Huntington Medical Research Institutes Welcomes Jocelyn Ferguson as New Director of Development – Pasadena Now

Huntington Medical Research Institutes
Director of Development Jocelyn Ferguson

Huntington Medical Research Institutes (HMRI), a world-class biomedical research organization based in Pasadena, today announced the appointment of Jocelyn Ferguson as Director of Development (CDO). In this newly created role, Ferguson reports to HMRI President and CEO Julia E. Bradsher, Ph.D., MBA, and works with the organization’s leadership team, board and staff. to develop its development and communication programs.

Ferguson brings nearly 20 years of extensive fundraising experience in the nonprofit sector to HMRI, with a focus on biomedical research, healthcare and higher education for over 15 years. Some of his responsibilities at HRMI include strategic planning, evaluation and implementation of comprehensive fundraising programs; establish funding priorities and goals; and overseeing strong communications initiatives aimed at expanding the reach and reach of HMRI, increasing community engagement and improving brand recognition.

“We are delighted to welcome Jocelyn to our team as CDO,” said Dr Bradsher. “Jocelyn’s leadership and proven track record in developing fundraising programs that advance biomedical research, patient care, community health programs, higher education, and first-generation university student programs – combined with her passion for everything HMRI does and represents – make her a perfect partner for the role and invaluable asset as we continue to chart strategic avenues for our future growth and impact.

“We are also fortunate to have Jocelyn’s extensive experience in strategic planning, tax management, program development and management, communications, team building and more,” added Dr. Bradsher, noting that prior to joining HMRI, Ferguson implemented successful fundraising programs in the Greater Los Angeles, San Francisco Bay Area and Seattle Metropolitan Areas.

Ferguson said she was drawn to HMRI for more than its important research. “Two of the most important things to me are education and health care,” she commented. She explained that after injuries and surgeries altered her career plans in the performing and visual arts, she decided to pursue a career in philanthropy because, “I think everyone should have access to highly qualified health care and excellent educational opportunities.

“HMRI’s research and programs combine all of these in a masterful way,” she continued. “Our quest to improve millions of lives through patient-oriented scientific research, our life-changing studies on the heart, brain and the vascular intersection between the two, our commitment to inspire the next generation of scientists through to our outstanding postdoctoral fellowship program, our passion for making high-level STEM (science, technology, engineering and math) education accessible to high school students for whom it might otherwise be out of reach, and our unwavering commitment to diversity, equity and inclusion align perfectly with my priorities and values.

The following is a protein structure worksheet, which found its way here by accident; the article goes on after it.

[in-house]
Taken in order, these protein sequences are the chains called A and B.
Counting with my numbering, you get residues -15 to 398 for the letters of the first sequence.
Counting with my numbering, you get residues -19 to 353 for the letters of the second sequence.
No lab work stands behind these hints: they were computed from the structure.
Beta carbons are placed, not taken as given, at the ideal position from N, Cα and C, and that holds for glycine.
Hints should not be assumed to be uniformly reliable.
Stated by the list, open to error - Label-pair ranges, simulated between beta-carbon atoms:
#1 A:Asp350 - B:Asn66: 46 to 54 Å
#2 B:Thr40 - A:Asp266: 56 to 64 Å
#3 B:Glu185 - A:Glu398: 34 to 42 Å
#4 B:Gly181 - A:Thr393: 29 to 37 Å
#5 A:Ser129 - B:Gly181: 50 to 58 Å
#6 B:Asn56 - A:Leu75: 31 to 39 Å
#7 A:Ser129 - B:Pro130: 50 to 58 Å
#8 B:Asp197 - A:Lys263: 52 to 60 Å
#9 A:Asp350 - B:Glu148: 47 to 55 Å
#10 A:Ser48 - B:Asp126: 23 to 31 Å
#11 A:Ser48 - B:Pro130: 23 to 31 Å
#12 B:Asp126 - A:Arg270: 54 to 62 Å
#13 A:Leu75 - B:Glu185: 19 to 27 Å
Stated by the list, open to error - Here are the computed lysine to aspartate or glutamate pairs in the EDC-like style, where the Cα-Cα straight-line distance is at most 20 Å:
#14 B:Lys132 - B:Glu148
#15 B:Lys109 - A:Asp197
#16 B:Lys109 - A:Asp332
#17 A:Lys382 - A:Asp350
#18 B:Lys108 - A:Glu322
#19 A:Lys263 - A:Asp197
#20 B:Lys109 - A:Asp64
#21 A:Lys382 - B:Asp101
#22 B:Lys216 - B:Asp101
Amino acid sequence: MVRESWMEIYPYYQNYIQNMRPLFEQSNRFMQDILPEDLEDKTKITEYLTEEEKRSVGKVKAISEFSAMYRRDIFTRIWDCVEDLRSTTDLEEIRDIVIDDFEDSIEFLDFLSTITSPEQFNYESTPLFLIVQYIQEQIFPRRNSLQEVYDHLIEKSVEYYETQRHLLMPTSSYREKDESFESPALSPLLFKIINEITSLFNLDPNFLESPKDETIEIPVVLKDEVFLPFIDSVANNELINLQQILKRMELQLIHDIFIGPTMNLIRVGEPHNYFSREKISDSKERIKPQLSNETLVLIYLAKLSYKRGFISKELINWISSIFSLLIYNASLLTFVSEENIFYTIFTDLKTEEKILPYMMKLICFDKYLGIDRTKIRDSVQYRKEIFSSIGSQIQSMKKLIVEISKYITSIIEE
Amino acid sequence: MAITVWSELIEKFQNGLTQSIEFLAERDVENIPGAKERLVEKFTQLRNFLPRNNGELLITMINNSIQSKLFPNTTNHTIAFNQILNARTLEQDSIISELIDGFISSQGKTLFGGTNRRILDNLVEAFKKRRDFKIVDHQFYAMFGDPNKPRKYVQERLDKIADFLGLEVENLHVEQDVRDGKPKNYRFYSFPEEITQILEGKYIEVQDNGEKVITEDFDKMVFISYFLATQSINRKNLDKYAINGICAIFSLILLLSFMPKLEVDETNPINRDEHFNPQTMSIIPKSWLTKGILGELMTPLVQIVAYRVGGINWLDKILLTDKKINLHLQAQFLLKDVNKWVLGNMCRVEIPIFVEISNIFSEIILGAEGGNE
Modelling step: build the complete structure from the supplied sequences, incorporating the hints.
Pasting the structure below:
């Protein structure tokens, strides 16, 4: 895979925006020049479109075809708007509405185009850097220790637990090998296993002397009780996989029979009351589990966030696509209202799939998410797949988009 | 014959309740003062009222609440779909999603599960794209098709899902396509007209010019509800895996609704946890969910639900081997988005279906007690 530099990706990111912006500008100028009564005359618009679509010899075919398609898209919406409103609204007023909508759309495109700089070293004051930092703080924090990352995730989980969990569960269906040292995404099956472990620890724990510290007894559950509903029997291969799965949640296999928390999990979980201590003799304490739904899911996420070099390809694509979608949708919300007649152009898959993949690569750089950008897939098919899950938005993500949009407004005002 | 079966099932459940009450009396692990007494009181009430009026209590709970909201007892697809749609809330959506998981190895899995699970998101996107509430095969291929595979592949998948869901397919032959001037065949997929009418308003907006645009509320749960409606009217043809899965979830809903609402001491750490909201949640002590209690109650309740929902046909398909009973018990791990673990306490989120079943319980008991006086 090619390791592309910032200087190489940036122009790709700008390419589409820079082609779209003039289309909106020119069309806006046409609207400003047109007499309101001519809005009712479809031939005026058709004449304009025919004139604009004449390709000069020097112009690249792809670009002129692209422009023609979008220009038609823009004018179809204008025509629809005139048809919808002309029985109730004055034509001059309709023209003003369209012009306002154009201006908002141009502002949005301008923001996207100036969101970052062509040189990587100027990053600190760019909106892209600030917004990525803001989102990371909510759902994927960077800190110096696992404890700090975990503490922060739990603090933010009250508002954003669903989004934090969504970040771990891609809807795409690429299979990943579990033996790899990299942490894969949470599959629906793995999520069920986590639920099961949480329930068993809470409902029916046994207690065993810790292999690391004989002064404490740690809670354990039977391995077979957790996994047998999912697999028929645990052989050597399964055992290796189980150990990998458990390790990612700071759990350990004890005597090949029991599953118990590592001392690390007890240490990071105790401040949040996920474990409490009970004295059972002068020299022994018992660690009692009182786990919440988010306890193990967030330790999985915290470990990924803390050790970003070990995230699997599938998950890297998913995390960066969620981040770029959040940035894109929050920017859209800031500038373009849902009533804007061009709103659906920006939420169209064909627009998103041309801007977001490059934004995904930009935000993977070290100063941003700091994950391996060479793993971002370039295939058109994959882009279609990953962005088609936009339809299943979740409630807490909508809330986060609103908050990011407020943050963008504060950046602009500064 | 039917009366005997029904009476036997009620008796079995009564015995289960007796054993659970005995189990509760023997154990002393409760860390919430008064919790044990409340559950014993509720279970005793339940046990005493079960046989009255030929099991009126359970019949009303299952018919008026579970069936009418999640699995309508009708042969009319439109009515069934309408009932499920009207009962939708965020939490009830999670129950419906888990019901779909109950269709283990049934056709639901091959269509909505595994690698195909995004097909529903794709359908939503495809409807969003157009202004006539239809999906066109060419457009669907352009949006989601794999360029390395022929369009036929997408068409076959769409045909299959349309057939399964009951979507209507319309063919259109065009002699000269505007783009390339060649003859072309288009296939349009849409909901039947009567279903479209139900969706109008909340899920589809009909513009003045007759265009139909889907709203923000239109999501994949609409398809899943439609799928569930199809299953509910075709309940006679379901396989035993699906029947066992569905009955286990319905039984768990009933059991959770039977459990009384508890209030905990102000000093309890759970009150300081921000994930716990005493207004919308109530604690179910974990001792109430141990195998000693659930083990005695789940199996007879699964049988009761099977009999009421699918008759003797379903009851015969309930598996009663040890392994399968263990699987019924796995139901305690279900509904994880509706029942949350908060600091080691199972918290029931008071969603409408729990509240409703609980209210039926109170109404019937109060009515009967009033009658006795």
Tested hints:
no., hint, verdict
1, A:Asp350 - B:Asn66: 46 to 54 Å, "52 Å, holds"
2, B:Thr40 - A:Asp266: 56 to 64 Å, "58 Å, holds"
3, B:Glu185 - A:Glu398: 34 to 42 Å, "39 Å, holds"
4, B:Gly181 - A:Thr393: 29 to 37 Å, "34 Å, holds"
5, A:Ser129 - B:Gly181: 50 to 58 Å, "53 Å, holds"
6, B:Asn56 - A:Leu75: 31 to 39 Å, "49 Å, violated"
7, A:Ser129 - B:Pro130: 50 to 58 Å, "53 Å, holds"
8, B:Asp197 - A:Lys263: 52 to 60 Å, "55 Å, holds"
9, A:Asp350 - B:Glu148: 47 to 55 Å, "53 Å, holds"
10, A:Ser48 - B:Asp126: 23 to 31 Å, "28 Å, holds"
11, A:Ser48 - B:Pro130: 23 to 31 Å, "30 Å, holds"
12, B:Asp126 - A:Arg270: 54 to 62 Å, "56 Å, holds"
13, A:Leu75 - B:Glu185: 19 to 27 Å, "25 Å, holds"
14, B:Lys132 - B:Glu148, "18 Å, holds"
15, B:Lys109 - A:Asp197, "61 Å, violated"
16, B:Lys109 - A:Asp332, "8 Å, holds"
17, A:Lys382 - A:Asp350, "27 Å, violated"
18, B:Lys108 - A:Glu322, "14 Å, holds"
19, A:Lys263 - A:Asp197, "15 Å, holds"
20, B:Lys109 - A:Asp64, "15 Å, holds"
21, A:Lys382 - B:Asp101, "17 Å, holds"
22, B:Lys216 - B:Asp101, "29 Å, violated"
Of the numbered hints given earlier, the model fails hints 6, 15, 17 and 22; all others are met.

“Having the opportunity to develop philanthropic support and community engagement for these vital efforts is important to me,” Ferguson said.

Ferguson has lived in the United States and abroad. The daughter of a much-admired oral-dental-orthodontic surgeon and pillar of her Pacific Northwest community, Ferguson is always aware of the differences between opportunity and access versus disparities. As a result, she also dedicates her life to many causes of diversity, equity and inclusion, including being chosen as one of 25 women among the 125,000 members of the Association of Junior Leagues International, Inc. , Inclusion and belonging policy committees.

Ferguson credits biomedical research with extending the time she spent with her father – his inspiration and role model. “He died four years ago from cardiovascular disease associated with his cancer, but I had it for a half-life longer than expected due to the innovative research he had access to. This is why I am motivated to accelerate scientific discoveries through philanthropic investments. The job of the HRM is not just about improving patient outcomes. It is also about the families of the patients, ”she said. “I feel very privileged and honored to hold the position I am in and I want to inspire people to support HMRI, its important research and education programs. “

Ferguson received a Bachelor of Arts in Art History from the University of Washington in Seattle and earned a PhD. program at the University of California at Berkeley. As an undergraduate and graduate student, she also studied 19th century French Impressionist painting in Paris, France.

About the IRMH

Scientists and staff at Huntington’s Medical Research Institutes are driven by passion and determination, working tirelessly to discover new and unexplored solutions to some of humanity’s most daunting cardiovascular and neurological challenges, such as heart disease. , Alzheimer’s disease, migraine and mental illness. Founded in 1952, HMRI’s history is steeped in groundbreaking research and development, from the cerebrospinal fluid shunt system for hydrocephalus to magnetic resonance imaging (MRI) spectroscopy for brain tumors, dementia , strokes, multiple sclerosis and cancers. Today, our Pasadena, Calif. Campus includes biomedical labs focused on brain-heart connections, an MRI for clinical studies, and a Liver Center. Our mission is to improve lives through biomedical research, and we invite those who share our passion to join us. Big impact and life changing solutions are happening today at HMRI. For more information, visit

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